News On Iran & Its NeighboursCan Iran’s regional belligerence be rolled back?

Can Iran’s regional belligerence be rolled back?

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Mr. Mohammad Mohaddessin, Chair of the Foreign Affairs Committee of National Council of Resistance of Iran held an online conference on Iranian regime’s interference in the region on April 16. Below is the text of his remarks.

Remarks of Mr. Mohammad Mohaddessin, Chair of Foreign Affairs Committee of National Council of Resistance of Iran in online conference
Can Iran’s regional belligerence be rolled back?
April 16, 2015

According to the latest reports coming out of Iran, massive protests by the nation’s teachers are continuing to develop, encompassing 27 of Iran’s 31 provinces so far, including Tehran. There are more than one million teachers in the country, serving 13 million students, and they have widespread influence in Iranian society.

According to the latest reports coming out of Iran, massive protests by the nation’s teachers are continuing to develop, encompassing 27 of Iran’s 31 provinces so far, including Tehran. There are more than one million teachers in the country, serving 13 million students, and they have widespread influence in Iranian society.

Meanwhile labor strikes and protests also have taken on new dimensions, covering large parts of the country.
These are clear examples of widespread dissatisfaction throughout Iranian society and of the demand to overthrow the religious fascism ruling Iran.
Poverty, unemployment, rocketing inflation have been the results of the Iranian regime’s pursuit of regional influence and nuclear projects, and the people want to stop these trends.

Today the world and especially our region are faced with a major disaster in the form of fundamentalism and Islamic extremism with their epicenter in Tehran under the mullahs’ rule. The clerical regime has extended its interventions in recent years to Baghdad, Damascus and more recently the Yemeni capital of Sanaa. But this interference is not limited to these countries. Tehran’s apparatus is actively working to export terrorism and fundamentalism to Palestine and other Arab and Islamic countries such as Egypt, Sudan, Turkey and Afghanistan.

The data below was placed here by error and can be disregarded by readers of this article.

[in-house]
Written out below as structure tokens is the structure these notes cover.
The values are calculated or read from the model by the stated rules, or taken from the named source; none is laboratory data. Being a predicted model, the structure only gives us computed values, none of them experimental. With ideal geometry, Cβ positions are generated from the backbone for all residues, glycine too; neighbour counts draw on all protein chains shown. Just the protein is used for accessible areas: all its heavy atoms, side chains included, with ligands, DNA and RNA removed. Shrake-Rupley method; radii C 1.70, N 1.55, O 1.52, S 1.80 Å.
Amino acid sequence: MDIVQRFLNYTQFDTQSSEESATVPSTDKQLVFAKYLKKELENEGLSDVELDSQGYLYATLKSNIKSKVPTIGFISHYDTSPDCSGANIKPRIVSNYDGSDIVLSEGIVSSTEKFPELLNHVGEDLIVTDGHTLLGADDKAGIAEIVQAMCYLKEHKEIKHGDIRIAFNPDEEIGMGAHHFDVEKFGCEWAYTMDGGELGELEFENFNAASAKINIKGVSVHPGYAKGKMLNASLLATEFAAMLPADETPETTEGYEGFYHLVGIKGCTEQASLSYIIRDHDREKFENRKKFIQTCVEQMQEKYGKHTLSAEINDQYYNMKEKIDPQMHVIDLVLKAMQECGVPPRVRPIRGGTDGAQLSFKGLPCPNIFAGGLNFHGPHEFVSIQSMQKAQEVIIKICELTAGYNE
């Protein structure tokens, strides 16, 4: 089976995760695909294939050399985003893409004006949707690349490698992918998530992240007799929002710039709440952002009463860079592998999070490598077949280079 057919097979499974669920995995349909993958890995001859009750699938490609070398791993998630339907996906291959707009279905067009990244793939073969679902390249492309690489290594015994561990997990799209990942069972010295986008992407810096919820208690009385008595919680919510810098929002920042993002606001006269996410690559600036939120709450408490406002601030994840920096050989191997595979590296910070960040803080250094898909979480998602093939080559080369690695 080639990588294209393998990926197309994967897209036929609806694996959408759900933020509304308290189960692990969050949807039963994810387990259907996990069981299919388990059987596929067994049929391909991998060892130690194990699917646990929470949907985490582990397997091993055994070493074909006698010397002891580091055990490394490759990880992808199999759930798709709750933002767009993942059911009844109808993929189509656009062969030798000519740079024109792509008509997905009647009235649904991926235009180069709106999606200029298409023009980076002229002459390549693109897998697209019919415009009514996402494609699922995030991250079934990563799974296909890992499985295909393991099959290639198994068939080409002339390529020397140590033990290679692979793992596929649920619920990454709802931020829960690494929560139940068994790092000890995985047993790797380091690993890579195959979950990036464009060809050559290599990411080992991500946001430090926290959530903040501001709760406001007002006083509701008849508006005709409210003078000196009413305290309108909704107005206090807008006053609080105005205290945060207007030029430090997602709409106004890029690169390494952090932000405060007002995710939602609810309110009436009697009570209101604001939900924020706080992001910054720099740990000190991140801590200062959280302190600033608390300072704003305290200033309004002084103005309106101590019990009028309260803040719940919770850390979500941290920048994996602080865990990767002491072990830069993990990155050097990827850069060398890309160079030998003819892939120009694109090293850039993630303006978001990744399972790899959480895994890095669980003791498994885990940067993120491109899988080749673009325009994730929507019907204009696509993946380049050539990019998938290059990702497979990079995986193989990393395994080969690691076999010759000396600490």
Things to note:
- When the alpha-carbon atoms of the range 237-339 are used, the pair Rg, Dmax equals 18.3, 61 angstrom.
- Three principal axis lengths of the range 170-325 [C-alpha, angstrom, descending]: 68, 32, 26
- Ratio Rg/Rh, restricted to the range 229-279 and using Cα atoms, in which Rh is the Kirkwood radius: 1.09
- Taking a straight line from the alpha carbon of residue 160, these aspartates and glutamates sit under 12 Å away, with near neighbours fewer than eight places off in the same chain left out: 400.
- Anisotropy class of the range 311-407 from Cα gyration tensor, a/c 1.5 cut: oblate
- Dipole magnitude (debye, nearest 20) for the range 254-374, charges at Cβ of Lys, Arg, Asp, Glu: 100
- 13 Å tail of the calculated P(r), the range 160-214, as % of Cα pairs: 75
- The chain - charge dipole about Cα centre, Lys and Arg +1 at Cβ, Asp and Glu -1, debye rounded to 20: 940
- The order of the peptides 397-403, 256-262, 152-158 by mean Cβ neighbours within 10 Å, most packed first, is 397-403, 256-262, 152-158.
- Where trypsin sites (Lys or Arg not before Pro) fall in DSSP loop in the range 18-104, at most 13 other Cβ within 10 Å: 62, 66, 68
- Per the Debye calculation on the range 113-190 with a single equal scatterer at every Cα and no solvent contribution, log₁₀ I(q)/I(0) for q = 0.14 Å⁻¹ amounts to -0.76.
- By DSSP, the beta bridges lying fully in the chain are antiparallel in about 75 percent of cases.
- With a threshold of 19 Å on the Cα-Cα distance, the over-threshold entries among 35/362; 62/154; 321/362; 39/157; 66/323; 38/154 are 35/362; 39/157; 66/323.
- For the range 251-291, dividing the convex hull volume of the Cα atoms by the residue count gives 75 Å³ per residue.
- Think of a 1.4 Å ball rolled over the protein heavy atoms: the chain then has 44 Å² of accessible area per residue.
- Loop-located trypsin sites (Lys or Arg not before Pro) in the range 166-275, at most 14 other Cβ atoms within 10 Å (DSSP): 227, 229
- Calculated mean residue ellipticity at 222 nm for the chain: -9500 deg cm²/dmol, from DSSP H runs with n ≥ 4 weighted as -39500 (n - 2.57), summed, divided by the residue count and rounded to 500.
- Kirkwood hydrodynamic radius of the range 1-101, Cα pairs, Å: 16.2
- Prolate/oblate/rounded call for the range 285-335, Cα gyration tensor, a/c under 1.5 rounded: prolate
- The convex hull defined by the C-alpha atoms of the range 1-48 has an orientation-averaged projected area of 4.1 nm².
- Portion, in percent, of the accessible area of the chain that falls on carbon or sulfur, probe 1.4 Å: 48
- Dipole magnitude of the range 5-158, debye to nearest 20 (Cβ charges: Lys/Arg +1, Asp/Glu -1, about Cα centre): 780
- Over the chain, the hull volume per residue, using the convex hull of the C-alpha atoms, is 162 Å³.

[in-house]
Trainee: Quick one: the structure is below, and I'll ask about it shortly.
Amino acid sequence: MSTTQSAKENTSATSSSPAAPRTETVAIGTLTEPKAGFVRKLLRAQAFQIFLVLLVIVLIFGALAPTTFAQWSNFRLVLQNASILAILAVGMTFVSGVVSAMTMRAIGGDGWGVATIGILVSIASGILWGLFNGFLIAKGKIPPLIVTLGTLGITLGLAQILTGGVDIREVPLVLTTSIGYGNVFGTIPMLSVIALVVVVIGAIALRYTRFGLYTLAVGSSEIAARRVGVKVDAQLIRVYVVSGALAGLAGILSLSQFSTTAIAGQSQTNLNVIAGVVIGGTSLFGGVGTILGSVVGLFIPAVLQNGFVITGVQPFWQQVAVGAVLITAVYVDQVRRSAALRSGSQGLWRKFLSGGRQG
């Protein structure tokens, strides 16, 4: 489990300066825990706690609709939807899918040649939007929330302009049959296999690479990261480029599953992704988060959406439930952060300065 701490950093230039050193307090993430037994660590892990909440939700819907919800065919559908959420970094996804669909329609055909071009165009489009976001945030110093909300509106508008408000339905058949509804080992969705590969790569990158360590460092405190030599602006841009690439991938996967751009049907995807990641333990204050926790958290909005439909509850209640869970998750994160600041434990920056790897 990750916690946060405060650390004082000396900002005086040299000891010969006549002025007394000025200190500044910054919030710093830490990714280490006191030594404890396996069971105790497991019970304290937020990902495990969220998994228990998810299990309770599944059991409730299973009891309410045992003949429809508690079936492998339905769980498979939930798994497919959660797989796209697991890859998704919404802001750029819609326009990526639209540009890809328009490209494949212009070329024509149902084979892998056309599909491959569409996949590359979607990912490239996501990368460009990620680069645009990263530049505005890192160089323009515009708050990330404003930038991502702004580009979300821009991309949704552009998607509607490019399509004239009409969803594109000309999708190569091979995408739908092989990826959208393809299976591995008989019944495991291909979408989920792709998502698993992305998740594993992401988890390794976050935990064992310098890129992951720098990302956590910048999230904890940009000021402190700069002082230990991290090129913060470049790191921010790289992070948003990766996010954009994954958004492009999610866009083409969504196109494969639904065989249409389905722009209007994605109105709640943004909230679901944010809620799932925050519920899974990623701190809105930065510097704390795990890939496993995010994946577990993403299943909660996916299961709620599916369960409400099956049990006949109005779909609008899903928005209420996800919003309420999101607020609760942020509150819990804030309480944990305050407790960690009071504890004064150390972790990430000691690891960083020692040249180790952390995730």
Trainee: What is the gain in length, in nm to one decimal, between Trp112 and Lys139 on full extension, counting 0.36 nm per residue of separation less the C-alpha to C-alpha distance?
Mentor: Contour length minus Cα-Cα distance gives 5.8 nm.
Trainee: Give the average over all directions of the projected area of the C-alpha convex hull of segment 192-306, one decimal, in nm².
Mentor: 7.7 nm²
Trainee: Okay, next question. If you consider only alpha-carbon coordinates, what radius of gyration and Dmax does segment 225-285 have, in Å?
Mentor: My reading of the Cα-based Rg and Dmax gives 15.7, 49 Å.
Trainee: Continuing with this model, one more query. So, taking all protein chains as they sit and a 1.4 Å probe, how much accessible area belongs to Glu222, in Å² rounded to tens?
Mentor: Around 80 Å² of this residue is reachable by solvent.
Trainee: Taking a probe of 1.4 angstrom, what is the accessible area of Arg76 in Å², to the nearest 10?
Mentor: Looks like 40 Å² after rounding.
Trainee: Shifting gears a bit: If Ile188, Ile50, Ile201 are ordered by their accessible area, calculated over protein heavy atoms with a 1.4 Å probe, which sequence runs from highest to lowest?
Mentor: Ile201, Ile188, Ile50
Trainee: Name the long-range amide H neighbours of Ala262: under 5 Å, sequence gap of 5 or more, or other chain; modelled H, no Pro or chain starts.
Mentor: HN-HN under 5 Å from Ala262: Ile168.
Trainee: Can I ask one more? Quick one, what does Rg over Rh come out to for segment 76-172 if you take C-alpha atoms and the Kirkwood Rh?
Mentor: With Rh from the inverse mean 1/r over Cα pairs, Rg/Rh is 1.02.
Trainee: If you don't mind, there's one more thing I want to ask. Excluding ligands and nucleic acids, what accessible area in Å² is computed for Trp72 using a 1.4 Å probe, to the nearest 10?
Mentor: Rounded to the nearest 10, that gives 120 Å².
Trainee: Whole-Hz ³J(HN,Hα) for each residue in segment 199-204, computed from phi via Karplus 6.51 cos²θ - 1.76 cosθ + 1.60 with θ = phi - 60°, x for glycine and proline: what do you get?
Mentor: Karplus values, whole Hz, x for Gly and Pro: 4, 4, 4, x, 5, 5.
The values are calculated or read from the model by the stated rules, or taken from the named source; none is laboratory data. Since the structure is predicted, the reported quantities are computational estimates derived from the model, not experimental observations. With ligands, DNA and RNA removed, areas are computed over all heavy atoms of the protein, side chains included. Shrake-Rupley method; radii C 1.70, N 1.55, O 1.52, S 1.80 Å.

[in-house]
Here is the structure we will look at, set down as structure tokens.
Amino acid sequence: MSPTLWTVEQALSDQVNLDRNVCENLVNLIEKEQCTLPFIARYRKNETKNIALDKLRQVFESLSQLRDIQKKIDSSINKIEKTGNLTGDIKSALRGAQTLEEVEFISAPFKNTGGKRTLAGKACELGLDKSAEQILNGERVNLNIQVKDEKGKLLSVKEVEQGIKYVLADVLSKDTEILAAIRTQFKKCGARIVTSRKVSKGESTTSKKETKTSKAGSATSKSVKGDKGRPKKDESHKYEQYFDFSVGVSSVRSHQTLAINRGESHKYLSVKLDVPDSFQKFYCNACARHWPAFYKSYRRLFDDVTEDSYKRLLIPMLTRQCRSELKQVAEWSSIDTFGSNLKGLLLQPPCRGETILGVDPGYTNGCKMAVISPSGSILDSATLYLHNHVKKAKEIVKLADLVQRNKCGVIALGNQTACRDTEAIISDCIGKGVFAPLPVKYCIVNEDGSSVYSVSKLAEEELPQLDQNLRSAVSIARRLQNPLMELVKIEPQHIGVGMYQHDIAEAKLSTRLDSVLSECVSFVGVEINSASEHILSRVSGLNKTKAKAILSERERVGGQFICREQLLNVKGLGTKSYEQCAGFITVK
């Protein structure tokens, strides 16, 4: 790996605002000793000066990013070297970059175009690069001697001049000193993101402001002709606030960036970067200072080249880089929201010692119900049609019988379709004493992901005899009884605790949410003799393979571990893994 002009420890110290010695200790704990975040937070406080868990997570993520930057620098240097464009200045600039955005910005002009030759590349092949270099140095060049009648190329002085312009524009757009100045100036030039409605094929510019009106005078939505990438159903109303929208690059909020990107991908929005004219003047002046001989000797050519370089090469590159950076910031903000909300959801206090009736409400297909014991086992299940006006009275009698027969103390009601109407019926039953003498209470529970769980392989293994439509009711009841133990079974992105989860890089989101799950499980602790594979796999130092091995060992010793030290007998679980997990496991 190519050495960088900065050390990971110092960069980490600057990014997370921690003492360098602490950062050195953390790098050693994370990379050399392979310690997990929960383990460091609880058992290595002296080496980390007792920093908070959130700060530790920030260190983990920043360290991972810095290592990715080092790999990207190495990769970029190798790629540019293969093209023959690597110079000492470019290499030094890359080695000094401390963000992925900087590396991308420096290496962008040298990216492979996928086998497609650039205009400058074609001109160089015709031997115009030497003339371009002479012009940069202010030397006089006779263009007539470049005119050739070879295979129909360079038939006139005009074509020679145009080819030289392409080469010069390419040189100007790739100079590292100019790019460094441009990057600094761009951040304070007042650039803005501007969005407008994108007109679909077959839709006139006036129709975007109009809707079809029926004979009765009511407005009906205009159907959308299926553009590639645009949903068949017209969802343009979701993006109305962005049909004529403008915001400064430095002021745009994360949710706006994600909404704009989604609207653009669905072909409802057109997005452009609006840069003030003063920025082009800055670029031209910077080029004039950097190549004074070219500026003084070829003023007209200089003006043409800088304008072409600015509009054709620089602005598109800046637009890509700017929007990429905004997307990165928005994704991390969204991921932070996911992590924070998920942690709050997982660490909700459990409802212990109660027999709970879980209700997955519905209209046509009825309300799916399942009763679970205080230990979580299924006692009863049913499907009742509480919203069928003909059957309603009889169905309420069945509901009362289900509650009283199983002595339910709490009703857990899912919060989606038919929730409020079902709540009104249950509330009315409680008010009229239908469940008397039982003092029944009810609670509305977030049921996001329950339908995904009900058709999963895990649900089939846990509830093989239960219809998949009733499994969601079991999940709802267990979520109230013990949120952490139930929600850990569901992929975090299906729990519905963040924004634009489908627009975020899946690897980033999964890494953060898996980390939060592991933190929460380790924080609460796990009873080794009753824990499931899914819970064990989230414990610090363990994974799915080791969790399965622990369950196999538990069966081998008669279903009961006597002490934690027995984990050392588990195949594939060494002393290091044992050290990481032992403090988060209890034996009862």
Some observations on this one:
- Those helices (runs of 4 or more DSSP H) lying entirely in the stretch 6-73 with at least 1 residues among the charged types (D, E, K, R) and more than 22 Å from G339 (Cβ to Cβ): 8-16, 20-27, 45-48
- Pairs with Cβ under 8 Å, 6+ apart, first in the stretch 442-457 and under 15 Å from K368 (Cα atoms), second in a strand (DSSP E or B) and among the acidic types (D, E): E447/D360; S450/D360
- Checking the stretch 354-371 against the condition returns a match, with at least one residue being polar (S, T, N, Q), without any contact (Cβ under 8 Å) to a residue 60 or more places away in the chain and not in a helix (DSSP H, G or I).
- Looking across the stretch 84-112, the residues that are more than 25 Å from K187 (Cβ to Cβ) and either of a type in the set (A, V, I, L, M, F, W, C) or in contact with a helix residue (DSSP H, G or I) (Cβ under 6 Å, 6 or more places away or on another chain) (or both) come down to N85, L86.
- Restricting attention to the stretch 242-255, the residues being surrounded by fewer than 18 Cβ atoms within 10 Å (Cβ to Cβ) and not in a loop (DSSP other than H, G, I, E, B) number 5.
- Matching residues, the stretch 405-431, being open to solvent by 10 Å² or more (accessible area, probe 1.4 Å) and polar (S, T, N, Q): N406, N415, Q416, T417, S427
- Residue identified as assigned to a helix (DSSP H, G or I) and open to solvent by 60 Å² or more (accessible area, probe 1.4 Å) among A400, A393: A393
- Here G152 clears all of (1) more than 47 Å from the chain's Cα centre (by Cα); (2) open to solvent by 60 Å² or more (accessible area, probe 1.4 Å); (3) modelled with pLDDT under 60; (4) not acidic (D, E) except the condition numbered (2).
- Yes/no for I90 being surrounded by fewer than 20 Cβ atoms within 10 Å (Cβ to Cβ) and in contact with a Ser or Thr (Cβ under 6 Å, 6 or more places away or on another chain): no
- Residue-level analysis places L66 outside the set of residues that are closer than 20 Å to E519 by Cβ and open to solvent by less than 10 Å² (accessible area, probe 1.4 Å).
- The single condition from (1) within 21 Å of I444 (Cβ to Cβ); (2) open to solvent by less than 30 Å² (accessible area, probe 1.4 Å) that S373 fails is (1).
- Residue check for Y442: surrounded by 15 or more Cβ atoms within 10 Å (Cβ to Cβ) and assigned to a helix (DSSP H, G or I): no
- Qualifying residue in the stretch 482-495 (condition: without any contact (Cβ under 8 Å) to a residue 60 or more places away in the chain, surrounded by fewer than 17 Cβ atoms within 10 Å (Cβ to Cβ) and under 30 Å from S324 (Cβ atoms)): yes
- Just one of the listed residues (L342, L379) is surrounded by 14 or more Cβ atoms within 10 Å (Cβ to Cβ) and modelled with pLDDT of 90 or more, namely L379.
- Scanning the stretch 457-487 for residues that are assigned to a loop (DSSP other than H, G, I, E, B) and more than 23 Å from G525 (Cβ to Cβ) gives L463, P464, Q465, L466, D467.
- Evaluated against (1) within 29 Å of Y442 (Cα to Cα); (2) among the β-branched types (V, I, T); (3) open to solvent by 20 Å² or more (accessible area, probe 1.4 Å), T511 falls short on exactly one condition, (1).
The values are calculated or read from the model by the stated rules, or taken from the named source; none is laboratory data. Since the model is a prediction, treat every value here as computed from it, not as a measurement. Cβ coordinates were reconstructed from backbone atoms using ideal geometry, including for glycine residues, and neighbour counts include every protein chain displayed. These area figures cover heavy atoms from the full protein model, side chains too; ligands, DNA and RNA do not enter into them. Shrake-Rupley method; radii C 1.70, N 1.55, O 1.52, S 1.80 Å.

The main question here is how the international community can push back these interventions. Or should Iran’s hegemony in the region simply be accepted as a bitter reality? My short answer is that we can push back the regime’s wave of invasions in the region and free Iraq, Syria, Yemen, and other countries from its occupation. Doing so would cost much more than many Westerners fear it would. Iran’s regime is extremely weak and fragile, although the regime would like the international community to believe the opposite: that the Iranian Revolutionary Guard Corps’ Quds Force is strong and mighty.

The terrorist Qods Force is not a powerful and invincible army, as it is portrayed. This force has spread itself in the region only because of the wrong foreign policies of Western nations, especially the United States. Through the years no barrier has existed against it except unarmed and defenseless people. And with the excuse of nuclear talks or fighting ISIS, this regime has been rewarded rather than being punished.

We have no doubt that if this regime is confronted with a firm policy, and if the international community and the countries of the region stand firm against its aggressions, the regime will necessarily withdraw to within the Iranian borders and then quickly will be overthrown by the Iranian people and resistance.